The final, landscape panorama was stitched together from three images in lightroom – one with the lens centred and one each with the lens shifted to the left and the right. You can clearly make out objects and associate them with one or two or all of us. Our new house has no mantlepiece; perhaps this picture could be printed and hung on the wall where one once would have been. Perhaps though, we may just let a new set of expressions of who we are build up and keep this (and the other photos from Hibbert Road) as a record of what was.
2: Wherever I Lay My Laptop
My main place of work is a ‘hot desk environment’ – when you go home at the end of the day. you are supposed to leave the desk you worked at cleared of all evidence of your having been there, ready for someone else to sit there tomorrow (or later in the day, if people work shifts). I spend a day a week working at home and when I am visiting my son in Glasgow, that home may not be mine. Sometimes I visit other parts of the UK and work at our offices there; I try to work on trains, or in hotel rooms. As well as my laptop, there is other stuff that is constant: I drink a lot of tea and coffee; there are notebooks containing relevant (and irrelevant) information; if I am not in a conventional office, I need the single-use code generator that lives with my keys to connect to central servers over the internet. Where these sit in relation to the laptop changes from place to place as I build my working environment each day…
I could do more of these – there is not a picture made at the new house yet, and there are other premises, in other cities where I sometimes find myself working – but this selection gives an idea of something – my laptop and my view of it – remaining constant while the things around it change. It might be too grand to describe my daily construction of somewhere to work as making a daily sculpture, but there is certain degree of ritual to it and – if someone – an observer – looked at what I was doing, there could be seen to be an element of performance in this. These photographs, taken with my ‘notebook’ camera – a fujifilm X100s, which lives in my work bag – form a partial record of these daily performances and begin to become a part of it. Continuing to take these over a period of time, a viewer could tell a lot about me; other people who have no fixed location for their work could identify with the viewpoint these pictures are taken from; day by day they would grow into a body of work…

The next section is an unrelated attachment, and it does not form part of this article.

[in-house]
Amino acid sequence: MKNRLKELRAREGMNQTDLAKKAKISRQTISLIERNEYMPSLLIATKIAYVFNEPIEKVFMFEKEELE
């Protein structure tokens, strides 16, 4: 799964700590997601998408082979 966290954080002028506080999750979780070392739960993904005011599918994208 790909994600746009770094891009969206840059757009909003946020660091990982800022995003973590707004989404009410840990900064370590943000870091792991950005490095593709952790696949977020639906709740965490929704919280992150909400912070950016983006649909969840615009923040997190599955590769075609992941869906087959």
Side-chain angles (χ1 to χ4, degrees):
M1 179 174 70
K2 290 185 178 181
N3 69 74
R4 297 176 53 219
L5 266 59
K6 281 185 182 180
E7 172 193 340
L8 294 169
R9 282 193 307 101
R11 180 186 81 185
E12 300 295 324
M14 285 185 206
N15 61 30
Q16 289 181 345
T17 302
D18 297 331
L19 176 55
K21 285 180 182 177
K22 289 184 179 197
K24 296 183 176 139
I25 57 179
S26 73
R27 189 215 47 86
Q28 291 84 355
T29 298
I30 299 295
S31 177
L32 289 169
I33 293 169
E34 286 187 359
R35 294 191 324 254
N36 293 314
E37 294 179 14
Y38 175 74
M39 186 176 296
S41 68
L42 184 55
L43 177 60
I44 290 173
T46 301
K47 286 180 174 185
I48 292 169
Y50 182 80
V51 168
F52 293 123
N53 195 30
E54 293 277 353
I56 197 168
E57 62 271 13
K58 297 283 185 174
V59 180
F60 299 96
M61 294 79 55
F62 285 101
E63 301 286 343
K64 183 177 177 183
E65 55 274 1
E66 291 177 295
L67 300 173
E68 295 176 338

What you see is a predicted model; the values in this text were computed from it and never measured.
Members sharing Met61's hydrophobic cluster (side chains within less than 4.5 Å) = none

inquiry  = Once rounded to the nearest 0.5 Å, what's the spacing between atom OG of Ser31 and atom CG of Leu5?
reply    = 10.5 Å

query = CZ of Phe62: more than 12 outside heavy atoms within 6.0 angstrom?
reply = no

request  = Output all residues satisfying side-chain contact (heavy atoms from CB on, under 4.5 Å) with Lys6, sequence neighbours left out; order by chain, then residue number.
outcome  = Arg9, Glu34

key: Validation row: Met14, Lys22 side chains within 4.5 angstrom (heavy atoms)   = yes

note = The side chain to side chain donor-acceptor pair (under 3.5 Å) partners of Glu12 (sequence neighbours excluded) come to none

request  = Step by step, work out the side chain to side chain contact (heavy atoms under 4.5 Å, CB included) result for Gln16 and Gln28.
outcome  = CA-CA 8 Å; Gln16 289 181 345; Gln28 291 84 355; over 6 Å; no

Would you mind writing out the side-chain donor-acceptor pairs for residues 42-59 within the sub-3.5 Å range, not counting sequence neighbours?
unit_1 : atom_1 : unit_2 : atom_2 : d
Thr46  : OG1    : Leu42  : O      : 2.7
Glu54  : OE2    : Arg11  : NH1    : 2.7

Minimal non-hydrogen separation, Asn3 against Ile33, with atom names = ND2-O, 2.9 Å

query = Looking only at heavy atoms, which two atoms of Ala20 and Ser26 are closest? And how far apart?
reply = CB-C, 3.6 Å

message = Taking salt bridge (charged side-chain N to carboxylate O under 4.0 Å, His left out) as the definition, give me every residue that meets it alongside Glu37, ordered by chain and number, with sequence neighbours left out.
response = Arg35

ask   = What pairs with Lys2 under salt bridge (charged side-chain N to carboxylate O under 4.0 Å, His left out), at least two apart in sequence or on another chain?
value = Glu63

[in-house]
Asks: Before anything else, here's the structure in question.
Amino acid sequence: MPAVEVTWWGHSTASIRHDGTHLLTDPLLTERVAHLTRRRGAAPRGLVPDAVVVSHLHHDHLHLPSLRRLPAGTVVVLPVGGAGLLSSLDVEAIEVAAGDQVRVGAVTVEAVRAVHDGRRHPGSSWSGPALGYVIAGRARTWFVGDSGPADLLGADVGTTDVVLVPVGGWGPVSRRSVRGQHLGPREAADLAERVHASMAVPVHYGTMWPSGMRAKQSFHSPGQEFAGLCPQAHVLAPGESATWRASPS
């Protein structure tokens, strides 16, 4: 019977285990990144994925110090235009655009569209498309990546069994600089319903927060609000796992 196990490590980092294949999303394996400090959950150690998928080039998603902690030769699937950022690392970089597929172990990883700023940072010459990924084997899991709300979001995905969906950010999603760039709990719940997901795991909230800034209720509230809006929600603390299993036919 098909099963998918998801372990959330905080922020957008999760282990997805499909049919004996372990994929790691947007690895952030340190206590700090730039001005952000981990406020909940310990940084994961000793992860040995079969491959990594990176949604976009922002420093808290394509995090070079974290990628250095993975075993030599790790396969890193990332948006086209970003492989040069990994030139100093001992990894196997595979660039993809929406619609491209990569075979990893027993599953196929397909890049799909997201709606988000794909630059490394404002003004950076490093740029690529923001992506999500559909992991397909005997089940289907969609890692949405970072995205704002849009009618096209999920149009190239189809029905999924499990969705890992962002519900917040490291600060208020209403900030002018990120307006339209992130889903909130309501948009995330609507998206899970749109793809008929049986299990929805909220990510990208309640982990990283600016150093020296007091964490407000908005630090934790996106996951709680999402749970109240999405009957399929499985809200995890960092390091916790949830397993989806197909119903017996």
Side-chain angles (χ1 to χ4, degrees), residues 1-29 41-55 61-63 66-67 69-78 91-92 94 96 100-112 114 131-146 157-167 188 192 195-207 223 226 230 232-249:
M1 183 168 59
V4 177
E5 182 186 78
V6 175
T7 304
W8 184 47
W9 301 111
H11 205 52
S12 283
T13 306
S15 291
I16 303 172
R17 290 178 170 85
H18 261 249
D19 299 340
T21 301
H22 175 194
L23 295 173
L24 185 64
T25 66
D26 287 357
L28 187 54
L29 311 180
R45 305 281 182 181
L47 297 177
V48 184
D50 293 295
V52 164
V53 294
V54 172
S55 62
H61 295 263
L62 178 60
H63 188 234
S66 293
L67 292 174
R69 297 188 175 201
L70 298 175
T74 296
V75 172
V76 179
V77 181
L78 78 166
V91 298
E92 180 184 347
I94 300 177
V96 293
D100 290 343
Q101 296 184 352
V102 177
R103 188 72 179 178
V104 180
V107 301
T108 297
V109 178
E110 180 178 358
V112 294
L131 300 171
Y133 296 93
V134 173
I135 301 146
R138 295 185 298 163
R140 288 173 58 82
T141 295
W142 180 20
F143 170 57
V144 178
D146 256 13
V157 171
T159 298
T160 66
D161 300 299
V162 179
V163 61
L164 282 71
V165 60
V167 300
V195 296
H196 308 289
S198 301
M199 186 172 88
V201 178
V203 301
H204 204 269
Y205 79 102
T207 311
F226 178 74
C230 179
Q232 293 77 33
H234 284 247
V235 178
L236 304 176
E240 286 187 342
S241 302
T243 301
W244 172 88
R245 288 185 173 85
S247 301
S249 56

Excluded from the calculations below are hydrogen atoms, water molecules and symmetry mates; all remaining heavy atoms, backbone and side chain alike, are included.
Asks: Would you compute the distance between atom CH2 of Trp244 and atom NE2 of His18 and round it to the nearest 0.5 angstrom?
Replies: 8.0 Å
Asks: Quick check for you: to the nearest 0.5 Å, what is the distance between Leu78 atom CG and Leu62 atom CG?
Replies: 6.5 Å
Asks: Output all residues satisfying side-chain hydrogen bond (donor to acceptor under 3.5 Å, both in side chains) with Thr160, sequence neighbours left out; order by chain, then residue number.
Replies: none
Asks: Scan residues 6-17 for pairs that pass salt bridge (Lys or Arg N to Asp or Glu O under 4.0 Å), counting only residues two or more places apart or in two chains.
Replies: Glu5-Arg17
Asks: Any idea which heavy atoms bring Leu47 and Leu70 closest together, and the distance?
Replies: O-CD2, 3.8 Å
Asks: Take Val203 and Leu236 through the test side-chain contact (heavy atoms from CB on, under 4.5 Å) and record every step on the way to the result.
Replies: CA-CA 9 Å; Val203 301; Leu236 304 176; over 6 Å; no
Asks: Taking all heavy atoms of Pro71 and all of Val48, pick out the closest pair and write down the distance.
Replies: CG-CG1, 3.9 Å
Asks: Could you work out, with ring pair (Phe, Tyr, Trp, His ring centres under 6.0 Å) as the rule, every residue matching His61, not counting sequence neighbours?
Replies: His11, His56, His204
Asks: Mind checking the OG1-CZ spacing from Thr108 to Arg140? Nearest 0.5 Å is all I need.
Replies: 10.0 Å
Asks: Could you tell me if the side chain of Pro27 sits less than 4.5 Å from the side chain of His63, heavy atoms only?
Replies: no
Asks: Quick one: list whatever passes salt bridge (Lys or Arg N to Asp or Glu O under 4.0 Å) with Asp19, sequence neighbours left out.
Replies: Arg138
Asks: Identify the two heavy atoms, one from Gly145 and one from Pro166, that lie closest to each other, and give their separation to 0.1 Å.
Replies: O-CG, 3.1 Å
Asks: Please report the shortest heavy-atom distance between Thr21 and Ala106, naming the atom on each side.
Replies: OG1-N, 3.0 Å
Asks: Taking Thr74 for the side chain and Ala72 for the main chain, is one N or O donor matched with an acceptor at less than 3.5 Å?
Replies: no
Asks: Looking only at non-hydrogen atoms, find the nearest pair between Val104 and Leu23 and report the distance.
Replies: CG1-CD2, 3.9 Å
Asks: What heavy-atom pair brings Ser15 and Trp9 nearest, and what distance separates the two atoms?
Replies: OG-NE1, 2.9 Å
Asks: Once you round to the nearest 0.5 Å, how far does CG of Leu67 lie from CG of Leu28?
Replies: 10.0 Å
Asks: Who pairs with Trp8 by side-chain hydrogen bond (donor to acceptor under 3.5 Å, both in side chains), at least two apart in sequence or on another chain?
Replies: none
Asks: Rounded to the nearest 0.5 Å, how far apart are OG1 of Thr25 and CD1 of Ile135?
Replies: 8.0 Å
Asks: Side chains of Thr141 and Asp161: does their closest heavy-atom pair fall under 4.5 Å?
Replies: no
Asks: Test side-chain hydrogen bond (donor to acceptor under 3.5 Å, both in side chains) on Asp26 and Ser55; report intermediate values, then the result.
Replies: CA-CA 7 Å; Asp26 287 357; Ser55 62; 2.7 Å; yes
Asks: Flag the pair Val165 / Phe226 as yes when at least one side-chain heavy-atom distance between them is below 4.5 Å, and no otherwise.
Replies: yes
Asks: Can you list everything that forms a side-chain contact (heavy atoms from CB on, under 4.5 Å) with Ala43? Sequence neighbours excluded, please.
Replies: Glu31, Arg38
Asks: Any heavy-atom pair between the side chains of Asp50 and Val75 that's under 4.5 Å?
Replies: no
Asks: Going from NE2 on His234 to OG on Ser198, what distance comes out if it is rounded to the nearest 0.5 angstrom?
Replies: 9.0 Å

And now, is this a still life?
I think it may be.
At the same time I was packing stuff away before moving, I set up a diffused stobe and a paper backdrop to act as a small ‘stage’ for taking photographs of individual objects, stripped of their context. This creature can be seen along to the right in the picture of the mantelpiece. Where fig.2 could be placed towards the documentary end of a spectrum running from found to constructed, this lies at the other extreme, tending towards the status of an advertising pack shot. Similarly fig.1 is devoid of context but perhaps alludes to such ideas as ‘walking a mile in someone else’s shoes’ and life as a journey. There is scope for the viewer to inject some of their own sense of self into my photograph, or possibly just to identify something of me and the things I may have done while wearing my battered Converse.
In the chapter on Still Life in Bate (2012) there is discussion of how the blank background of this sort of commercial photography can be seen as representing death or eternity while the object pictured stands between the viewer and their inevitable demise. I like this as an underlying concept, with its beginning of an idea of what certain strands of my photography may be ‘for’. I think I shall try and develop this further, but probably not during the time remaining to me during this module…
Bate, D. (2012) Photography – The Key Concepts Bloomsbury, London